You should be having fun!
March 16, 2009 11:53 AM   Subscribe

I'm in Costa Rica for the next 9 days and with no idea how to spend them. What can I do?

I have been here already for a week, and have learned that I only need a small dose of nature, beaches, hiking, etc. to be happy. I have gotten my fill of that already. I am now looking for things that are more mentally stimulating for me. When I went to Spain on my own 1.5 years ago, I spent a lot of my time walking around a few cities, checking out the architecture, the landmarks, the museums, etc. I was also able to meet a few locals thru a hobby of mine (swing dancing), and spent a few evenings with them seeing Madrid and going out to the clubs.

But here in CR, there are less opportunities like that, it seems, and also I have been cautioned to not go out at night in most places, especially alone. I would like to find more things to do that are active or interesting or different... when I am back in san jose, for example, I may go to the symphony or the theater. I may also try to go volunteer for a few days on an organic farm, half in an attempt to just have something productive to do and to pass the time.

I feel so weird because I should be loving it here, right? Everyone is saying that it's so wonderful here, just relax and enjoy myself... but I am finding that I am bored and starting to go a little stir crazy.

I have been staying with a friend so far, not in a hostel, which may be contributing to the boredom since I havent been meeting many others. But I sitll don't really know what we could do together, even if I met other travelers, that wouldn't be along the lines of hiking or sitting on the beach.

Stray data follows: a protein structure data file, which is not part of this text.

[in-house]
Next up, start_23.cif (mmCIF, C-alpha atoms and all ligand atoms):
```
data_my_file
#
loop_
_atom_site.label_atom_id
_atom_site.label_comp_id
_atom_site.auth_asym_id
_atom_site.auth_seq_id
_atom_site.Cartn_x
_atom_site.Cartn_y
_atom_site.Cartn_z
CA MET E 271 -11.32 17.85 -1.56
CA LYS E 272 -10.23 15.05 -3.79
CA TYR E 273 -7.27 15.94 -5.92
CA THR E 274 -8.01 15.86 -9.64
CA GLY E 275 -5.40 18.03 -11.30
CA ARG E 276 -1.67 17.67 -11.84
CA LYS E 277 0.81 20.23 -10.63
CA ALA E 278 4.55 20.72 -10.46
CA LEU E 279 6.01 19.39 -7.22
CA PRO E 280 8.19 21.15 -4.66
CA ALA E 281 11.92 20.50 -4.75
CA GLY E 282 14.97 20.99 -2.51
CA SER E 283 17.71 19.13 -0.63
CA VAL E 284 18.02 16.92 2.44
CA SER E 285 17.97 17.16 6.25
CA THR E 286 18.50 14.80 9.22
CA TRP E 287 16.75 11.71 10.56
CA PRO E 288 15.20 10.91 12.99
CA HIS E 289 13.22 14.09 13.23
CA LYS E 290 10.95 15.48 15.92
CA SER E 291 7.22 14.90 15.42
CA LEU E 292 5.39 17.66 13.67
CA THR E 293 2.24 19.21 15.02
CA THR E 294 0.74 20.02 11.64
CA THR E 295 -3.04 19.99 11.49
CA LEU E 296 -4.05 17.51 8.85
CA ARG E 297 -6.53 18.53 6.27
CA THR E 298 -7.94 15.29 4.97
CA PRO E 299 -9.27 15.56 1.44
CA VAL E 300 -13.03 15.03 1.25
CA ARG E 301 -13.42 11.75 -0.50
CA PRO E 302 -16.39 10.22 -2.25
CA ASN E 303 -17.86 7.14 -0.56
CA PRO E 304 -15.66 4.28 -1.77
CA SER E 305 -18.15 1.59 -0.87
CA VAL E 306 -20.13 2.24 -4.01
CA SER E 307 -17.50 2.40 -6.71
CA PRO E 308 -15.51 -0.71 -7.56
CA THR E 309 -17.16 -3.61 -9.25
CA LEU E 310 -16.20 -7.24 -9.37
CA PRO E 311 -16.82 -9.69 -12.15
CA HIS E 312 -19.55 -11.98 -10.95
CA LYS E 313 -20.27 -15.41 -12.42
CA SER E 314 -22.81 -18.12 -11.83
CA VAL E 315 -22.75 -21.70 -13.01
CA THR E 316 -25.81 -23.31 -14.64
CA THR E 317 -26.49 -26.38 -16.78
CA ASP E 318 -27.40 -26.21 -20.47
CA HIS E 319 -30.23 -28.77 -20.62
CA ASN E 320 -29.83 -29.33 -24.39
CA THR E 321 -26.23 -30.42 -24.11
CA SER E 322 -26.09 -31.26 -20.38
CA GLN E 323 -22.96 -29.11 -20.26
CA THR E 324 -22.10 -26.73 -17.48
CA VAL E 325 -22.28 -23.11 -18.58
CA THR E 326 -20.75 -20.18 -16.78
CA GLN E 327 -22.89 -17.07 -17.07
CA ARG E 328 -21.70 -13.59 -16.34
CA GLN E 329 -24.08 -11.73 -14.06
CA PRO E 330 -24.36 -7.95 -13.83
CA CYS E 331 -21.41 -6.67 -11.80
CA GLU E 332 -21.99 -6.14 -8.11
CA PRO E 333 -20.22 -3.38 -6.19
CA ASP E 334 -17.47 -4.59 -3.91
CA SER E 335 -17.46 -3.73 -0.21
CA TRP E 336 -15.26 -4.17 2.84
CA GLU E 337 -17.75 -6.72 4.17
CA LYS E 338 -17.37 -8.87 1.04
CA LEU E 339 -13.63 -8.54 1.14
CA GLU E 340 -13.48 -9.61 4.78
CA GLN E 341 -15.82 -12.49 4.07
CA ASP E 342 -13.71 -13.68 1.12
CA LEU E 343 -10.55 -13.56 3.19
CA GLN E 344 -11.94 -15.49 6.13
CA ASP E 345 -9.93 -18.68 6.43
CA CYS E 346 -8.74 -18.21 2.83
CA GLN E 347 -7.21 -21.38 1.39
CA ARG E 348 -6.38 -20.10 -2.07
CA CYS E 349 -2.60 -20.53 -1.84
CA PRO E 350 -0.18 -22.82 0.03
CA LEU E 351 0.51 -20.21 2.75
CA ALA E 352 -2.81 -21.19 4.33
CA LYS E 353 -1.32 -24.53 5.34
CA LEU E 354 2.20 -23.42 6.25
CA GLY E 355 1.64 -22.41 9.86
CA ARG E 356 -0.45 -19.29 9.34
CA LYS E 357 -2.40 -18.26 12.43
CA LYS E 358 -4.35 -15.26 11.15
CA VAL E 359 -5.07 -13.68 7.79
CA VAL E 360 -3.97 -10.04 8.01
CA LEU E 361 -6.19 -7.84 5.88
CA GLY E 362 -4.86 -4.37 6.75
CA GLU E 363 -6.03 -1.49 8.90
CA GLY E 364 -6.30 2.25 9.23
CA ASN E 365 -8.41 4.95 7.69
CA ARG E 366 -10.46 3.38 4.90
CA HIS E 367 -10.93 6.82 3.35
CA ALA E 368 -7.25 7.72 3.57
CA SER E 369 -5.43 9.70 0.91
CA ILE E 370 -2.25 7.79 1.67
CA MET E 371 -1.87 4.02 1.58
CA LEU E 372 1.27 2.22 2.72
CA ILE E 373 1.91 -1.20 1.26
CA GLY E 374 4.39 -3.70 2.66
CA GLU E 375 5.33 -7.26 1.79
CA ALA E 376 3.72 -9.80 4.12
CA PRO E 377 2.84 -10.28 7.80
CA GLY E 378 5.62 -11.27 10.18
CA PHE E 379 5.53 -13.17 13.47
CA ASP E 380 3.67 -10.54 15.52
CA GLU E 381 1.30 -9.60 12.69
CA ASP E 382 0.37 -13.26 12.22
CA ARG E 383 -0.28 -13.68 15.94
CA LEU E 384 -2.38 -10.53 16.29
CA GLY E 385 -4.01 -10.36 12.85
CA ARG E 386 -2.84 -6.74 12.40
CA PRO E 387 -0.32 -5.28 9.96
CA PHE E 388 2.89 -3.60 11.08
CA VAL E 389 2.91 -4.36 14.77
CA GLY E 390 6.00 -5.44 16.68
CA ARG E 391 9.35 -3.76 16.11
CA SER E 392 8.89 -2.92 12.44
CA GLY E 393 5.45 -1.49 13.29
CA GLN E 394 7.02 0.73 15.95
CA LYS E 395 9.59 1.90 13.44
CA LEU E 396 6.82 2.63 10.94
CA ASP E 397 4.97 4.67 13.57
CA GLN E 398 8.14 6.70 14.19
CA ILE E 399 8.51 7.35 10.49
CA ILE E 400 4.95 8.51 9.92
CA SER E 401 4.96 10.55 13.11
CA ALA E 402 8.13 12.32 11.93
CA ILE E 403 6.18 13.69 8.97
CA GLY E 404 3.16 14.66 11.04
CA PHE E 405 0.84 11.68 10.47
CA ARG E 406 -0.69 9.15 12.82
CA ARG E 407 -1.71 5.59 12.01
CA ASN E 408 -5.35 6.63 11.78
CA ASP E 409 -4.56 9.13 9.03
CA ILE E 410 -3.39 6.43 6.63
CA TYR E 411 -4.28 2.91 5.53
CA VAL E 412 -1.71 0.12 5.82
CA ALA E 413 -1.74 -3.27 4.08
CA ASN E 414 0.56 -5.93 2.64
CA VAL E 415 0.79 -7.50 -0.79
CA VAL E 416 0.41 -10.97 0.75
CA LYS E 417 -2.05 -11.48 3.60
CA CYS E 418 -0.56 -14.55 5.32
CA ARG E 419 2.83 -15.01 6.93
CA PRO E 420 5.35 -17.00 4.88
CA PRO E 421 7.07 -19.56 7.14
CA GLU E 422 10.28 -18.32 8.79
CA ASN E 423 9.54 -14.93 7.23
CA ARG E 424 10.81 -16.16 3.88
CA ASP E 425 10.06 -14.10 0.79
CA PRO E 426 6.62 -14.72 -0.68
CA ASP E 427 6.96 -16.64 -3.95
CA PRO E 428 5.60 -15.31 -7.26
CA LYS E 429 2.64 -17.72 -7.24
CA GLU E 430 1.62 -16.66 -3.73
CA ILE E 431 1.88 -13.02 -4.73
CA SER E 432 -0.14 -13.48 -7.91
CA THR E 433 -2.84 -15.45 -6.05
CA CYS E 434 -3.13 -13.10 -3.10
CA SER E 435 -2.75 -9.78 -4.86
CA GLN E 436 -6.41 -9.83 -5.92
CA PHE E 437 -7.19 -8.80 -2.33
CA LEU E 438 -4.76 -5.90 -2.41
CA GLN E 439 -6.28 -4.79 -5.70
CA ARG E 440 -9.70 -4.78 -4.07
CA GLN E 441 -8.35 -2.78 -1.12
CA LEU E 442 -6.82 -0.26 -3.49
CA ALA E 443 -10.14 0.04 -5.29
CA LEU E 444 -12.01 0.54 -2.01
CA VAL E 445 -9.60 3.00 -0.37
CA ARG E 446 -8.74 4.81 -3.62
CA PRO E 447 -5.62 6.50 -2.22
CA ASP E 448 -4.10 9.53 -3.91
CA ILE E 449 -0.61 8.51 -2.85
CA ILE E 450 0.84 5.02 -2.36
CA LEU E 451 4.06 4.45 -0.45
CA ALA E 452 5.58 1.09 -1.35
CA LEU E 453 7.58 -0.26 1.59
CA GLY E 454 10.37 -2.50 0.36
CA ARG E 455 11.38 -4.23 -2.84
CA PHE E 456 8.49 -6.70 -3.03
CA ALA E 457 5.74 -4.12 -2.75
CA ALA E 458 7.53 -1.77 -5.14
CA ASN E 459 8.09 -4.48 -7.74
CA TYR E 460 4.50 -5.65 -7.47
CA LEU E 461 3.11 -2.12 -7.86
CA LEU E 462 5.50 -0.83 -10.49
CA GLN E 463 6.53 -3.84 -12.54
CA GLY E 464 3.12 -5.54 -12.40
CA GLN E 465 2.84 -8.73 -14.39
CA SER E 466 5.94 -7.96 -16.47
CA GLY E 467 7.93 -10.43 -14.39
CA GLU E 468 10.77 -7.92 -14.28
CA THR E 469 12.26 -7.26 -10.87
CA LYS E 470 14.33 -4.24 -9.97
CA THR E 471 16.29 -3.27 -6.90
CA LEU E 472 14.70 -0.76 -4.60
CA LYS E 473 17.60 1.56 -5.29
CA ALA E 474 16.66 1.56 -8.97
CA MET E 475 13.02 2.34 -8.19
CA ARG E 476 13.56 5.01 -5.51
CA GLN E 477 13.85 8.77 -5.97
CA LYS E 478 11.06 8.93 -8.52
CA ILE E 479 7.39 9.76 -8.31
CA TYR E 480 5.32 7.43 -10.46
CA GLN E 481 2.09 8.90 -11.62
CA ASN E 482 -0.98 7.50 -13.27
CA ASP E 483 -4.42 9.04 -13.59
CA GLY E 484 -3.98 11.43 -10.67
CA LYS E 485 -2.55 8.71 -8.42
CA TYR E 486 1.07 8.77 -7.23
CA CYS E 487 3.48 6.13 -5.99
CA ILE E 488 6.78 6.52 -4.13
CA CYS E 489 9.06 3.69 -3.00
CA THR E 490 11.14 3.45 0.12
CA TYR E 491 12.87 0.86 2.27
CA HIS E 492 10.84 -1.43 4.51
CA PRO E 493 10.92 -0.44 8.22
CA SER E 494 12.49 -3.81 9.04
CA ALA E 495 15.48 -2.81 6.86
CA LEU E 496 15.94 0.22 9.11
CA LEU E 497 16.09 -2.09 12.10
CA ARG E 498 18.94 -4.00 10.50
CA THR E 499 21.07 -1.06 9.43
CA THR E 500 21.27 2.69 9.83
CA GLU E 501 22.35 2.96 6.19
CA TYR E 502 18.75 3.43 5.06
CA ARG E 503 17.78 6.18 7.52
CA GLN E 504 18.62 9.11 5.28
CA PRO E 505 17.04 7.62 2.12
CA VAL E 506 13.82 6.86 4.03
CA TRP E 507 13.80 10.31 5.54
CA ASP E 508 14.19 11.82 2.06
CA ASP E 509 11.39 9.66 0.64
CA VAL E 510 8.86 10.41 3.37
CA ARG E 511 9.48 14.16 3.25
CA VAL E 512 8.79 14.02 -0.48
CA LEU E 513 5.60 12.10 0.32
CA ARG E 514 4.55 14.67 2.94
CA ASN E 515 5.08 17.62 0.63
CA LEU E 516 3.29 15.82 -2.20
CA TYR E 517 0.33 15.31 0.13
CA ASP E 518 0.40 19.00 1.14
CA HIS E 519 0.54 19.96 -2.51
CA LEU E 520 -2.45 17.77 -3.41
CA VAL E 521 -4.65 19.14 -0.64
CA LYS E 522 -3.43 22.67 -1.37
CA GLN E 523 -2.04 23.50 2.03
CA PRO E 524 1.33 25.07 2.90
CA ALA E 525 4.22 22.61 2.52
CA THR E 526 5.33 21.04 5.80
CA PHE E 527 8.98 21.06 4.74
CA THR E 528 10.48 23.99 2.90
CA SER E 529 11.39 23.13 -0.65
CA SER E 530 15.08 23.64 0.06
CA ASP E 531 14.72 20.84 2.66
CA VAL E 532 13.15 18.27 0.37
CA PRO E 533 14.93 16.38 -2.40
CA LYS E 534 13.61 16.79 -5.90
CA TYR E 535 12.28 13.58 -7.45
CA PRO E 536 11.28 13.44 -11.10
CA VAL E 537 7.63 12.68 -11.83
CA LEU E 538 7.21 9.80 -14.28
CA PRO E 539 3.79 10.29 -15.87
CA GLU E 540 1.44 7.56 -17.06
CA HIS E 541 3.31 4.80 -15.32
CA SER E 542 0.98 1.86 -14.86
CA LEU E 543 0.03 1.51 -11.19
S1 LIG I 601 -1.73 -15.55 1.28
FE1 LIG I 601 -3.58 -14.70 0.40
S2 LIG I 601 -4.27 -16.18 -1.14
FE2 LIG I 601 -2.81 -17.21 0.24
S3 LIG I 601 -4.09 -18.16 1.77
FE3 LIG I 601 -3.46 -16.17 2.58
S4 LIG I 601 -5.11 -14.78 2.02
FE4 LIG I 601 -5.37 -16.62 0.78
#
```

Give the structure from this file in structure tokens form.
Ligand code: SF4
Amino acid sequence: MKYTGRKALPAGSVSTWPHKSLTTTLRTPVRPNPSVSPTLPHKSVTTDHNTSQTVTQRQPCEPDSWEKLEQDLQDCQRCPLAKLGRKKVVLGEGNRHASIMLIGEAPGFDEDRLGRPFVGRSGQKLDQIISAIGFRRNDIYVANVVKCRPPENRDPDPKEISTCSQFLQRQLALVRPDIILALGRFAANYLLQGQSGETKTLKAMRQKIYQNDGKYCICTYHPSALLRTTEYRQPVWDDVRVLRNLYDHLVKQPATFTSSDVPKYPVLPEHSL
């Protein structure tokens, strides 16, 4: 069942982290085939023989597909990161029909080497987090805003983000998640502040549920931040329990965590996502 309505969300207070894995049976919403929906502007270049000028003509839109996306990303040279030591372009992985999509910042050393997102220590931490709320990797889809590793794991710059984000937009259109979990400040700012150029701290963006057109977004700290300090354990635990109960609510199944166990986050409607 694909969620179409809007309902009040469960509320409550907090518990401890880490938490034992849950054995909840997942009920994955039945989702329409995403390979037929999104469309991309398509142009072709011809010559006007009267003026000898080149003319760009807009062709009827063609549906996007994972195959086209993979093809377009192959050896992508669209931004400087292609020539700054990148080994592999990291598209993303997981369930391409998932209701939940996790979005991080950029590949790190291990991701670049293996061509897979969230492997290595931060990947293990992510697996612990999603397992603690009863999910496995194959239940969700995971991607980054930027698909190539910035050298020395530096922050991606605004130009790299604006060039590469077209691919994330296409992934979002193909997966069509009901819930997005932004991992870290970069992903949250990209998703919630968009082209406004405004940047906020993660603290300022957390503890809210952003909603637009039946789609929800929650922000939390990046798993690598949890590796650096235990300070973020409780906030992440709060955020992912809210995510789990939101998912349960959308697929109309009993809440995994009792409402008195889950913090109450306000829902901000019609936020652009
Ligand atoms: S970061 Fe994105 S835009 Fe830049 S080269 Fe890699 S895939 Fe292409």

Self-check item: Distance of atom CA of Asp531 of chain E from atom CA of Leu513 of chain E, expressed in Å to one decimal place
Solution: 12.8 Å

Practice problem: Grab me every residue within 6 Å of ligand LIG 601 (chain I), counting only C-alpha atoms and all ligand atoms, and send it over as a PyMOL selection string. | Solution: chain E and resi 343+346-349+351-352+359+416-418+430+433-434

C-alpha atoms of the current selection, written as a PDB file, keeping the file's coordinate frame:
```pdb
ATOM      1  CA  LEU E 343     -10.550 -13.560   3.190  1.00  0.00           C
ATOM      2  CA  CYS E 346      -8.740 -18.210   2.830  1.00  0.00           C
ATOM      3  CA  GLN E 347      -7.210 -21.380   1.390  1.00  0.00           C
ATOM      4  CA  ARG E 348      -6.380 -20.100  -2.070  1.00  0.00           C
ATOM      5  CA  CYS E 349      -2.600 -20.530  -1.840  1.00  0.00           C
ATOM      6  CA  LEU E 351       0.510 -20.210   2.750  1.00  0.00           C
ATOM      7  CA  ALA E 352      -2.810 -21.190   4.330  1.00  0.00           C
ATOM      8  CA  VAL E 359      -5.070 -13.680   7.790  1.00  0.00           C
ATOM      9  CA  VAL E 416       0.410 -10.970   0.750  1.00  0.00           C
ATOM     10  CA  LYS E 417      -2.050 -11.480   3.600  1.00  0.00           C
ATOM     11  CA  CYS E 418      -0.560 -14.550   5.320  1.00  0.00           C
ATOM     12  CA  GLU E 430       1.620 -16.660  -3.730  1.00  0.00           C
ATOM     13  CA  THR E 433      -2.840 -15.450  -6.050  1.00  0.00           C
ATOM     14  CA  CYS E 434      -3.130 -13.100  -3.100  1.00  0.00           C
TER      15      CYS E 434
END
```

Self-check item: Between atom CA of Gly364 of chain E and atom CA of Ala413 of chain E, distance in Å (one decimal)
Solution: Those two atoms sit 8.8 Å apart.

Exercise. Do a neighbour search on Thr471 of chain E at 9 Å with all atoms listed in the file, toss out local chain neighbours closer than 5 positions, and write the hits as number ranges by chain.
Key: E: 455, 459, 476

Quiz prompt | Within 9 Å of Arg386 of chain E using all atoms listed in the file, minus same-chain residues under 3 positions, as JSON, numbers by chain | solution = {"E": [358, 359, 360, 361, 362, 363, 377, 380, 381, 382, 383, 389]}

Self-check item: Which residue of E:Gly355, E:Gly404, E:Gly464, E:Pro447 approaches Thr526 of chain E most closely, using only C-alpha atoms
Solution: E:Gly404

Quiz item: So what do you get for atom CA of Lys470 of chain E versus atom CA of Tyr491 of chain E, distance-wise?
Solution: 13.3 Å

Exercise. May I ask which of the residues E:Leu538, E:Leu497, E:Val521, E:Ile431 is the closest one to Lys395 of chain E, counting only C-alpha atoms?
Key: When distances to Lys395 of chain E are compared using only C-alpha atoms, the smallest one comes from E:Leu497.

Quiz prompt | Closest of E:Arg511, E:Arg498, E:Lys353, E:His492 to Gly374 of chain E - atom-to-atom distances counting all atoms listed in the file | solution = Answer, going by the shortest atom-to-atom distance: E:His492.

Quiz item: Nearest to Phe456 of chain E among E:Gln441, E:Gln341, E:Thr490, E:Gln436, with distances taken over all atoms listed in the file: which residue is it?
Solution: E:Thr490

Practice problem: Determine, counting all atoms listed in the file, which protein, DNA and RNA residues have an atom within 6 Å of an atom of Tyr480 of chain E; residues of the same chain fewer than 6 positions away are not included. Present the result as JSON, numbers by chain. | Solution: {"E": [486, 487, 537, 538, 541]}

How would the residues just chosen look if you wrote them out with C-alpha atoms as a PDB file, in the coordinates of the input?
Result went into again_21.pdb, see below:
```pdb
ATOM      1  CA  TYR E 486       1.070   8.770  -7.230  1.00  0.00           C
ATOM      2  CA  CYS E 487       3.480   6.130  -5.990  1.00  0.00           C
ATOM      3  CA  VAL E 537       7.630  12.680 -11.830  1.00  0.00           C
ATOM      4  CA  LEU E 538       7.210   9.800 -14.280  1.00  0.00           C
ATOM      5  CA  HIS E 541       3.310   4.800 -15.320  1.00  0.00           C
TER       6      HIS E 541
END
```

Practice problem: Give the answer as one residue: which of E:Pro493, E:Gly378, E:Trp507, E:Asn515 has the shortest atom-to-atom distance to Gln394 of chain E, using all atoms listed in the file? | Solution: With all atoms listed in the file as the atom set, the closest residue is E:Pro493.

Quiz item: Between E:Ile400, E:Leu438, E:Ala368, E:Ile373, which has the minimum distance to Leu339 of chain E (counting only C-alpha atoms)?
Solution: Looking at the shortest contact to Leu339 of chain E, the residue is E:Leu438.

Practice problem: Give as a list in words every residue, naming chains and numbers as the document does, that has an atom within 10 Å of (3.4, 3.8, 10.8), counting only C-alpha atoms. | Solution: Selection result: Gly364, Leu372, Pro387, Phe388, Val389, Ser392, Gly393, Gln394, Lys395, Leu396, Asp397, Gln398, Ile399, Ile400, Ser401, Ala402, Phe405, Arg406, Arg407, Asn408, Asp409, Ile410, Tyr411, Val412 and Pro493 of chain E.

But, oh wise mefis, can you help me adjust my view? What might you recommend I do to have a fun time over the next 1.5 weeks? Muchas gracias por tu ayuda. :)
posted by inatizzy to Travel & Transportation around Costa Rica (10 answers total) 5 users marked this as a favorite
I really enjoyed hiking up Mt. Chirripo (the tallest mountain in CR). It's not a super difficult hike, but it's beautiful and just a bit challenging and a lot of fun. It's a 2 day hike though - there is a rustic (and inexpensive) government-run lodge near the peak where you overnight (camping isn't allowed). You'll need reservations for that in advance.
posted by kickingtheground at 12:11 PM on March 16, 2009

What part of Costa Rica are you in, or do you want to go to? What I noticed is, although it's a small place travel is slooow.

I've been, and had a great time, but don't have recommendations for you (I did the beach/volcano/rain forest things only). But someone else might have good recommendations if they know where you are in Costa Rica.
posted by Houstonian at 12:18 PM on March 16, 2009